Humans have dramatically increased phosphorus (P) availability in terrestrial and aquatic ecosystems. As P is often a limiting nutrient of primary production, changes in its availability can have dramatic effects on ecosystem processes. I examined the effects of calcium carbonate (CaCO3) deposition, which can lower P concentrations via coprecipitation of phosphate, on P availability in two systems: streams in the Huachuca Mountains, Arizona, and a stream, Río Mesquites, in Cuatro Ciénegas, México. Calcium carbonate forms as travertine in the former and within the microbialites of the latter. Despite these differences, CaCO3 deposition led to lowered P availability in both systems. By analyzing a three-year dataset of water chemistry from the Huachuca Mountain streams, I determined that P concentrations were negatively related to CaCO3 deposition rates. I also discovered that CaCO3 was positively correlated with nitrogen concentrations, suggesting that the stoichiometric effect of CaCO3 deposition on nutrient availability is due not only to coprecipitation of phosphate, but also to P-related constraints on biotic nitrogen uptake. Building from these observations, bioassays of nutrient limitation of periphyton growth suggest that P limitation is more prevalent in streams with active CaCO3 deposition than those without. Furthermore, when I experimentally reduced rates of CaCO3 deposition within one of the streams by partial light-exclusion, areal P uptake lengths decreased, periphyton P content and growth increased, and periphyton nutrient limitation by P decreased. In Río Mesquites, CaCO3 deposition was also associated with P limitation of microbial growth. There, I investigated the consequences of reductions in CaCO3 deposition with several methods. Calcium removal led to increased concentrations of P in the microbial biomass while light reductions decreased microbial biomass and chemical inhibition had no effect. These results suggest that CaCO3 deposition in microbialites does limit biological uptake of P, that photoautotrophs play an important role in nutrient acquisition, and, combined with other experimental observations, that sulfate reduction may support CaCO3 deposition in the microbialite communities of Río Mesquites. Overall, my results suggest that the effects of CaCO3 deposition on P availability are general and this process should be considered when managing nutrient flows across aquatic ecosystems.

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  • 2015

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Examining the limitations of 238U/235U in marine carbonates as a paleoredox proxy

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Variations of 238U/235U in sedimentary carbonate rocks are being explored as a tool for reconstructing oceanic anoxia through time. However, the fidelity of this novel paleoredox proxy relies on characterization

Variations of 238U/235U in sedimentary carbonate rocks are being explored as a tool for reconstructing oceanic anoxia through time. However, the fidelity of this novel paleoredox proxy relies on characterization of uranium isotope geochemistry via laboratory experimental studies and field work in modern analog environmental settings. This dissertation systematically examines the fidelity of 238U/235U in sedimentary carbonate rocks as a paleoredox proxy focusing on the following issues: (1) U isotope fractionation during U incorporation into primary abiotic and biogenic calcium carbonates; (2) diagenetic effects on U isotope fractionation in modern shallow-water carbonate sediments; (3) the effects of anoxic depositional environments on 238U/235U in carbonate sediments.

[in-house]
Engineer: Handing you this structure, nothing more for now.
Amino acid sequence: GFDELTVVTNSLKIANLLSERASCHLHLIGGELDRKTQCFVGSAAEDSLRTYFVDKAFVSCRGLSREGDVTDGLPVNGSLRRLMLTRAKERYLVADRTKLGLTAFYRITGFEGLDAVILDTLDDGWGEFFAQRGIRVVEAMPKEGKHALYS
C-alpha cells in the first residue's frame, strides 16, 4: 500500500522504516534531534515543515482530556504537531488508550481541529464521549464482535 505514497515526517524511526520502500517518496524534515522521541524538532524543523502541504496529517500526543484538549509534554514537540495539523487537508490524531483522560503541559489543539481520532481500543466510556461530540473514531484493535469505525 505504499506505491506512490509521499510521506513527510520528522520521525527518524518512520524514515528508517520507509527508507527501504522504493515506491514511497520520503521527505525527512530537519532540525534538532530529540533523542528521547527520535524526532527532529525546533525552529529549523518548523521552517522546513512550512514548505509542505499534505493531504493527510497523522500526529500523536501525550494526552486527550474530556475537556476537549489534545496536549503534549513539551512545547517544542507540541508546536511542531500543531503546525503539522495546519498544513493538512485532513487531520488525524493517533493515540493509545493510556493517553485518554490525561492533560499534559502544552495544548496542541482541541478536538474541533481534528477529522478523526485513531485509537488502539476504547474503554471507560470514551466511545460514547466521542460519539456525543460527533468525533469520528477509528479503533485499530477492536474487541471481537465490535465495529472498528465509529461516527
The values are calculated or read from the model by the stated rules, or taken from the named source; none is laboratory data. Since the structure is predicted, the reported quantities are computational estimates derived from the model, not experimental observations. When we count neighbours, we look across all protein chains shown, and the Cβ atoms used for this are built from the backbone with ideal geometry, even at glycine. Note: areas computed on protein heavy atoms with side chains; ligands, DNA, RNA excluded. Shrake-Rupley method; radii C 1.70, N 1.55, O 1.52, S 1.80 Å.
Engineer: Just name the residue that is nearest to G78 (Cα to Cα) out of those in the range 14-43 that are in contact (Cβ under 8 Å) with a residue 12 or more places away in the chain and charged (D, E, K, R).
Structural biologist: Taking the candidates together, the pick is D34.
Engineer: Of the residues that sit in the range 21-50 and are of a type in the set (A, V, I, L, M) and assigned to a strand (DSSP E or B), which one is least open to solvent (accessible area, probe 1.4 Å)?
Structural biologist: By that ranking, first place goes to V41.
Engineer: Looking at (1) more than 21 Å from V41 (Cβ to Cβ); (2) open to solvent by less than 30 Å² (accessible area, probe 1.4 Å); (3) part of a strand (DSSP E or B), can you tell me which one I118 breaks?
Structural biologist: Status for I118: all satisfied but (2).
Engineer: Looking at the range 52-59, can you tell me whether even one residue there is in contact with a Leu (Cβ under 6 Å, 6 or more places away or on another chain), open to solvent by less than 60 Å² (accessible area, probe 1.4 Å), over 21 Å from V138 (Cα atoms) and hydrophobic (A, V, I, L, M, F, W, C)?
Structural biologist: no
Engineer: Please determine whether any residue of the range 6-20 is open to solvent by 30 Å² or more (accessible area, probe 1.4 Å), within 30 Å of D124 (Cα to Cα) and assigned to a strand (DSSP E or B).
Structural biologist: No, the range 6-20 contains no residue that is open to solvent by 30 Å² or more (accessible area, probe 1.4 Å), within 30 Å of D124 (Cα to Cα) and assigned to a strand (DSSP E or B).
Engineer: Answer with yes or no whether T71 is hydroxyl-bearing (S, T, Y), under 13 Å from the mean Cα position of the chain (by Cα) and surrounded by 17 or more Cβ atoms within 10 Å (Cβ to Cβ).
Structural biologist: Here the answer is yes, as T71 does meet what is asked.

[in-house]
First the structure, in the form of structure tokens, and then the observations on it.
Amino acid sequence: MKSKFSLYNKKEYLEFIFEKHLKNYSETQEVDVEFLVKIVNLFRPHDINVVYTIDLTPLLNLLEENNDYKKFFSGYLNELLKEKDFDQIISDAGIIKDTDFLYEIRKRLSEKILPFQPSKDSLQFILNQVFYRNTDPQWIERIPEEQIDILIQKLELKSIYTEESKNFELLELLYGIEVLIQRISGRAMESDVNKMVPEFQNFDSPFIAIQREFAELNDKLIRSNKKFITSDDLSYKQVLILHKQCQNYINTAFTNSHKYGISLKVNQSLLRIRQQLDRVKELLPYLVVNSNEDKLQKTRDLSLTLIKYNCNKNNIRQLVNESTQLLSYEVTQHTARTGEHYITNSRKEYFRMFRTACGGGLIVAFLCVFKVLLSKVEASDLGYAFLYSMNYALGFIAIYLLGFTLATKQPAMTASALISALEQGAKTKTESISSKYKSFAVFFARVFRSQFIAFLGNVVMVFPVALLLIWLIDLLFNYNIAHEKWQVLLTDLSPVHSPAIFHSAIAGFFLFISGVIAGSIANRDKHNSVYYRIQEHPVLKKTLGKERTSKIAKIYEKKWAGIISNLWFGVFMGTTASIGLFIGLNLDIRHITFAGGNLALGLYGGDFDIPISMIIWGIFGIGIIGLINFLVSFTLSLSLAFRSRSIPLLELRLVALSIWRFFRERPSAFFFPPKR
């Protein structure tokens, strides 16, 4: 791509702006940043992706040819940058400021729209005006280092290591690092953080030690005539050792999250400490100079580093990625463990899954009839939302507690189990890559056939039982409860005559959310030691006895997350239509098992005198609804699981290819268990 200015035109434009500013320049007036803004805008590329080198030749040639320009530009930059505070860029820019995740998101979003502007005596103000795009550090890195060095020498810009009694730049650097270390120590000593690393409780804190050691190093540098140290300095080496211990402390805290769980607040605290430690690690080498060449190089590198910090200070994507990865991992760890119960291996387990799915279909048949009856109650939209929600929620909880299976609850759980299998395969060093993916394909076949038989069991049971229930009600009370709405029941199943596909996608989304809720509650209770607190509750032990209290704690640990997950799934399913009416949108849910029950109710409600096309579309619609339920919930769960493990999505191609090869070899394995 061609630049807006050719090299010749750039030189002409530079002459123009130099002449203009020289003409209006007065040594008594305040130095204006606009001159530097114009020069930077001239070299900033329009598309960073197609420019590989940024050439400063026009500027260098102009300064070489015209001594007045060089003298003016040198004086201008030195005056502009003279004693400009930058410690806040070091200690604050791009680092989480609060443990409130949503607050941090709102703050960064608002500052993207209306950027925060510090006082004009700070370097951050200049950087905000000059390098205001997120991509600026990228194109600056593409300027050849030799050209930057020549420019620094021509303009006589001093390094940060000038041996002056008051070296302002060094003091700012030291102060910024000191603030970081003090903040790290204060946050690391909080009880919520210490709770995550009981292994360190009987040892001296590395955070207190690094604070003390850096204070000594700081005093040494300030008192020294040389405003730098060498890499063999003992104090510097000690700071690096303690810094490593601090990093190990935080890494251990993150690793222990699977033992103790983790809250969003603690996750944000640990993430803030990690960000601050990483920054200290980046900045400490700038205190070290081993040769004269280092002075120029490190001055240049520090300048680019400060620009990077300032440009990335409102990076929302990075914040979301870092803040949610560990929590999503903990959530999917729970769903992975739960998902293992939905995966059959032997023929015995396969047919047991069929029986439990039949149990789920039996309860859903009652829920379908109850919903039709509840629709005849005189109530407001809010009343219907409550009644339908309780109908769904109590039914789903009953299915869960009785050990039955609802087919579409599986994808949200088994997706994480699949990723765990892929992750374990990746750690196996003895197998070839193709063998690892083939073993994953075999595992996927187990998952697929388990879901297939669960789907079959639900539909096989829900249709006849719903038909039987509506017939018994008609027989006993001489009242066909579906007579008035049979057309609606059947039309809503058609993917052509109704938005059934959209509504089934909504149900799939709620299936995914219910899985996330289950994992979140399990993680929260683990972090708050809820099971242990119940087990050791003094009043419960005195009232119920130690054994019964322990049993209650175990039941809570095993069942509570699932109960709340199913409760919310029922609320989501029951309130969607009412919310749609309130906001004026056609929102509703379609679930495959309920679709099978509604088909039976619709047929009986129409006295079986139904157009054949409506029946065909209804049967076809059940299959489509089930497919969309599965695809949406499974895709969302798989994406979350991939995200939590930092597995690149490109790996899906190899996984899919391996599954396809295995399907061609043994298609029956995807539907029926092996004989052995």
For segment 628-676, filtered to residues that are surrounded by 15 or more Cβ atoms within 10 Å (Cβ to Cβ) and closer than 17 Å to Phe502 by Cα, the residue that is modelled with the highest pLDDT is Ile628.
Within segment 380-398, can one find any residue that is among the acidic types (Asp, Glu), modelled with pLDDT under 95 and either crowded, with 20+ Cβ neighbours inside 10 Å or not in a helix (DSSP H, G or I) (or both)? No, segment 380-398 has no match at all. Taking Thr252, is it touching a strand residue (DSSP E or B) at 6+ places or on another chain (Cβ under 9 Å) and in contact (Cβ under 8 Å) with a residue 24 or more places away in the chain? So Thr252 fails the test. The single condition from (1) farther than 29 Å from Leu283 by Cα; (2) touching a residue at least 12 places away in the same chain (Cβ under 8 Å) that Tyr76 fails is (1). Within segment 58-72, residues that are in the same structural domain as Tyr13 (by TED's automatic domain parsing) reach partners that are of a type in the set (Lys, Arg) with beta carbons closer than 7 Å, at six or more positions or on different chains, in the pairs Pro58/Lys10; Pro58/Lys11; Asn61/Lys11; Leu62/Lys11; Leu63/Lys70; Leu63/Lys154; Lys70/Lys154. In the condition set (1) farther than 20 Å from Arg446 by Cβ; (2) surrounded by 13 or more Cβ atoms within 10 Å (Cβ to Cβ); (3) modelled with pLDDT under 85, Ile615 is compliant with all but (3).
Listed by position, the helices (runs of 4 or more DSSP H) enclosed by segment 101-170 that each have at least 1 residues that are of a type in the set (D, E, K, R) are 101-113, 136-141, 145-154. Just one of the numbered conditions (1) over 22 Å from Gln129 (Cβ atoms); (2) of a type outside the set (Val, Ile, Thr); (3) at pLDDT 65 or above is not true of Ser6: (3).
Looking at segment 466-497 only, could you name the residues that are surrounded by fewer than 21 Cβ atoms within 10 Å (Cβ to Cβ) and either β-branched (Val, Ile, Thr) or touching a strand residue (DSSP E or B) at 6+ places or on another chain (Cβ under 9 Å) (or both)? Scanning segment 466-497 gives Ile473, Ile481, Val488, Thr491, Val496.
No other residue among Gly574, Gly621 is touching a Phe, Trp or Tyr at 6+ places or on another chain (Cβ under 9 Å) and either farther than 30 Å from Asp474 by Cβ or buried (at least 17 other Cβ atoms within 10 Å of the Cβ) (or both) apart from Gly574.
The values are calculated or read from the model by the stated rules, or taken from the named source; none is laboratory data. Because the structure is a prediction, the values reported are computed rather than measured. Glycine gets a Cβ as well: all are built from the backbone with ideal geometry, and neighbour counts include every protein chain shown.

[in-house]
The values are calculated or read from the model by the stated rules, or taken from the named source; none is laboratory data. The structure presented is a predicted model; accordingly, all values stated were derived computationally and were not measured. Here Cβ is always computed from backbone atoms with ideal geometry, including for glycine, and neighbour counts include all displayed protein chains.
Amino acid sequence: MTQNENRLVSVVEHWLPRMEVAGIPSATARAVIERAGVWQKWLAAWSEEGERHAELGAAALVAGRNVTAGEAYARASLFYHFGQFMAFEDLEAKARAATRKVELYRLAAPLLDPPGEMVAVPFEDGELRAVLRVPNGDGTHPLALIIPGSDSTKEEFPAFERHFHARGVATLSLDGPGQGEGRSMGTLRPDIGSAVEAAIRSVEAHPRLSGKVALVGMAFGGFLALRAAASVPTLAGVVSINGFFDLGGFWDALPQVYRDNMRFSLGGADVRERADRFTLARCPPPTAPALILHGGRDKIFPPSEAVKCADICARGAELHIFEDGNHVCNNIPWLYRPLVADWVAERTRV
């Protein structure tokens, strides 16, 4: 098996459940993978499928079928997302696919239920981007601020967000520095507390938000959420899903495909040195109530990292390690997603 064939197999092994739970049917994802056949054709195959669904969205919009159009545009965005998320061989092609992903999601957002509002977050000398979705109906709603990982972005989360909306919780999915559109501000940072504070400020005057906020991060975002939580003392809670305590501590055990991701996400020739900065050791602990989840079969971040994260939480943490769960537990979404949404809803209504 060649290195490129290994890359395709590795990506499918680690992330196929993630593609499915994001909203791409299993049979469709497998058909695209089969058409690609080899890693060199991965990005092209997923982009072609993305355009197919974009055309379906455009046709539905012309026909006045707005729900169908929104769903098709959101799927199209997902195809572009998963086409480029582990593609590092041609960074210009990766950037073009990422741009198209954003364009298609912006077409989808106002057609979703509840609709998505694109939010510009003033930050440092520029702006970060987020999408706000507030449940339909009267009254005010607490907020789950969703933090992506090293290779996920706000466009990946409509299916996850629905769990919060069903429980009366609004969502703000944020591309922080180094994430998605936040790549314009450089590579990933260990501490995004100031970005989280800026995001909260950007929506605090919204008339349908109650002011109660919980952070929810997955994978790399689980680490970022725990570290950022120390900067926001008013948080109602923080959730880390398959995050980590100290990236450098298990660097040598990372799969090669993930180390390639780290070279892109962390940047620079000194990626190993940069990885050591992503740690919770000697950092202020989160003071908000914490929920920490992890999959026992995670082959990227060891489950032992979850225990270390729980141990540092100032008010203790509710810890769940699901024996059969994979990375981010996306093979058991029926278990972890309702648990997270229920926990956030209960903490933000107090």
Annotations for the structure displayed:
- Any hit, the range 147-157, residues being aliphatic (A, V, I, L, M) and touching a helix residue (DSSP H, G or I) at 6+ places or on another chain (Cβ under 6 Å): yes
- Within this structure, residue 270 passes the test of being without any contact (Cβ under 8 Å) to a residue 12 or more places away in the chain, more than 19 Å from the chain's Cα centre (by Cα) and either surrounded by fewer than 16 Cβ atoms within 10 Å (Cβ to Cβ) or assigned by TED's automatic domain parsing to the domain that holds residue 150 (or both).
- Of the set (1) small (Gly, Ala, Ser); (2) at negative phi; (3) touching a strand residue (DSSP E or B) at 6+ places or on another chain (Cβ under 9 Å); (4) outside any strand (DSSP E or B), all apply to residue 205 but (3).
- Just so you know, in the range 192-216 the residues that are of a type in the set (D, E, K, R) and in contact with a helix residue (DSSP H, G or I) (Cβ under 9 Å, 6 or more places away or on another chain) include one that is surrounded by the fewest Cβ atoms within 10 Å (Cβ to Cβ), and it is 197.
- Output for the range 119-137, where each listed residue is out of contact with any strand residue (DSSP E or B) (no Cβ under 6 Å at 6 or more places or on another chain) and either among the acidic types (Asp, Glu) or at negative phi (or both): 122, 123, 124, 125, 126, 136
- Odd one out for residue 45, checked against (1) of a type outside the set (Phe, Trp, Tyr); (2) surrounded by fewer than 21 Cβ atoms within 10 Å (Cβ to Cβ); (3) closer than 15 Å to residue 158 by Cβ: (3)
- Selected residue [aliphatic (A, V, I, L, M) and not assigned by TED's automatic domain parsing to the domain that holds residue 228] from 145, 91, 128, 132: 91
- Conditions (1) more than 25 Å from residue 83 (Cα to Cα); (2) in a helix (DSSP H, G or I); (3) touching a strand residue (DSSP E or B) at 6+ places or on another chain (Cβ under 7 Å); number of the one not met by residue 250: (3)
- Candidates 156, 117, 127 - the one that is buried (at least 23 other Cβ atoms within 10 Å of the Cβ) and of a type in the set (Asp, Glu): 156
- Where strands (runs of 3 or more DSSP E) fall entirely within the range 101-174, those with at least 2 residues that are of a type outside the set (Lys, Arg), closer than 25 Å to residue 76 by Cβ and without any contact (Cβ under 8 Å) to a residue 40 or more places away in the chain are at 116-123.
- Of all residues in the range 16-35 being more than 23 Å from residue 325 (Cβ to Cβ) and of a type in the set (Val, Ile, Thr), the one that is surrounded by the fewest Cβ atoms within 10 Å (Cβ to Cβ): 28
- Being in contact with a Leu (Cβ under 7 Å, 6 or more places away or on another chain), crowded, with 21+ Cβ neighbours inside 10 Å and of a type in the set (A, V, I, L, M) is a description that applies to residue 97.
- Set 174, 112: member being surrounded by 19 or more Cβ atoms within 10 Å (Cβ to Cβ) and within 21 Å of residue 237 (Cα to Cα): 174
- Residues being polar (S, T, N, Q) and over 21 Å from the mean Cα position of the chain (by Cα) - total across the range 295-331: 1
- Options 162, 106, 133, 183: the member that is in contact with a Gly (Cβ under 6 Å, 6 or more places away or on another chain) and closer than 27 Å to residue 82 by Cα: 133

Variable and positive shifts of 238U/235U were observed during U uptake by primary abiotic and biotic calcium carbonates, carbonate diagenesis, and anoxic deposition of carbonates. Previous CaCO3 coprecipitation experiments demonstrated a small but measurable U isotope fractionation of ~0.10 ‰ during U(VI) incorporation into abiotic calcium carbonates, with 238U preferentially incorporated into the precipitates (Chen et al., 2016). The magnitude of U isotope fractionation depended on aqueous U speciation, which is controlled by water chemistry, including pH, ionic strength, carbonate, and Ca2+ and Mg2+ concentrations. Based on this speciation-dependent isotope fractionation model, the estimated U isotope fractionation in abiotic calcium carbonates induced by secular changes in seawater chemistry through the Phanerozoic was predicted to be 0.11–0.23 ‰. A smaller and variable U isotope fractionation (0–0.09 ‰) was observed in primary biogenic calcium carbonates, which fractionated U isotopes in the same direction as abiotic calcium carbonates. Early diagenesis of modern shallow-water carbonate sediments from the Bahamas shifted δ238U values to be 0.270.14 ‰ (1 SD) higher than contemporaneous seawater. Also, carbonate sediments deposited under anoxic conditions in a redox-stratified lake—Fayetteville Green Lake, New York, USA— exhibited elevated δ238U values by 0.160.12 ‰ (1 SD) relative to surface water carbonates with significant enrichments in U.

The significant U isotope fractionation observed in these studies suggests the need to correct for the U isotopic offset between carbonate sediments and coeval seawater when using δ238U variations in ancient carbonate rocks to reconstruct changes in ocean anoxia. The U isotope fractionation in abiotic and biogenic primary carbonate precipitates, during carbonate diagenesis, and under anoxic depositional environments provide a preliminary guideline to calibrate 238U/235U in sedimentary carbonate rocks as a paleoredox proxy.

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Date Created
  • 2018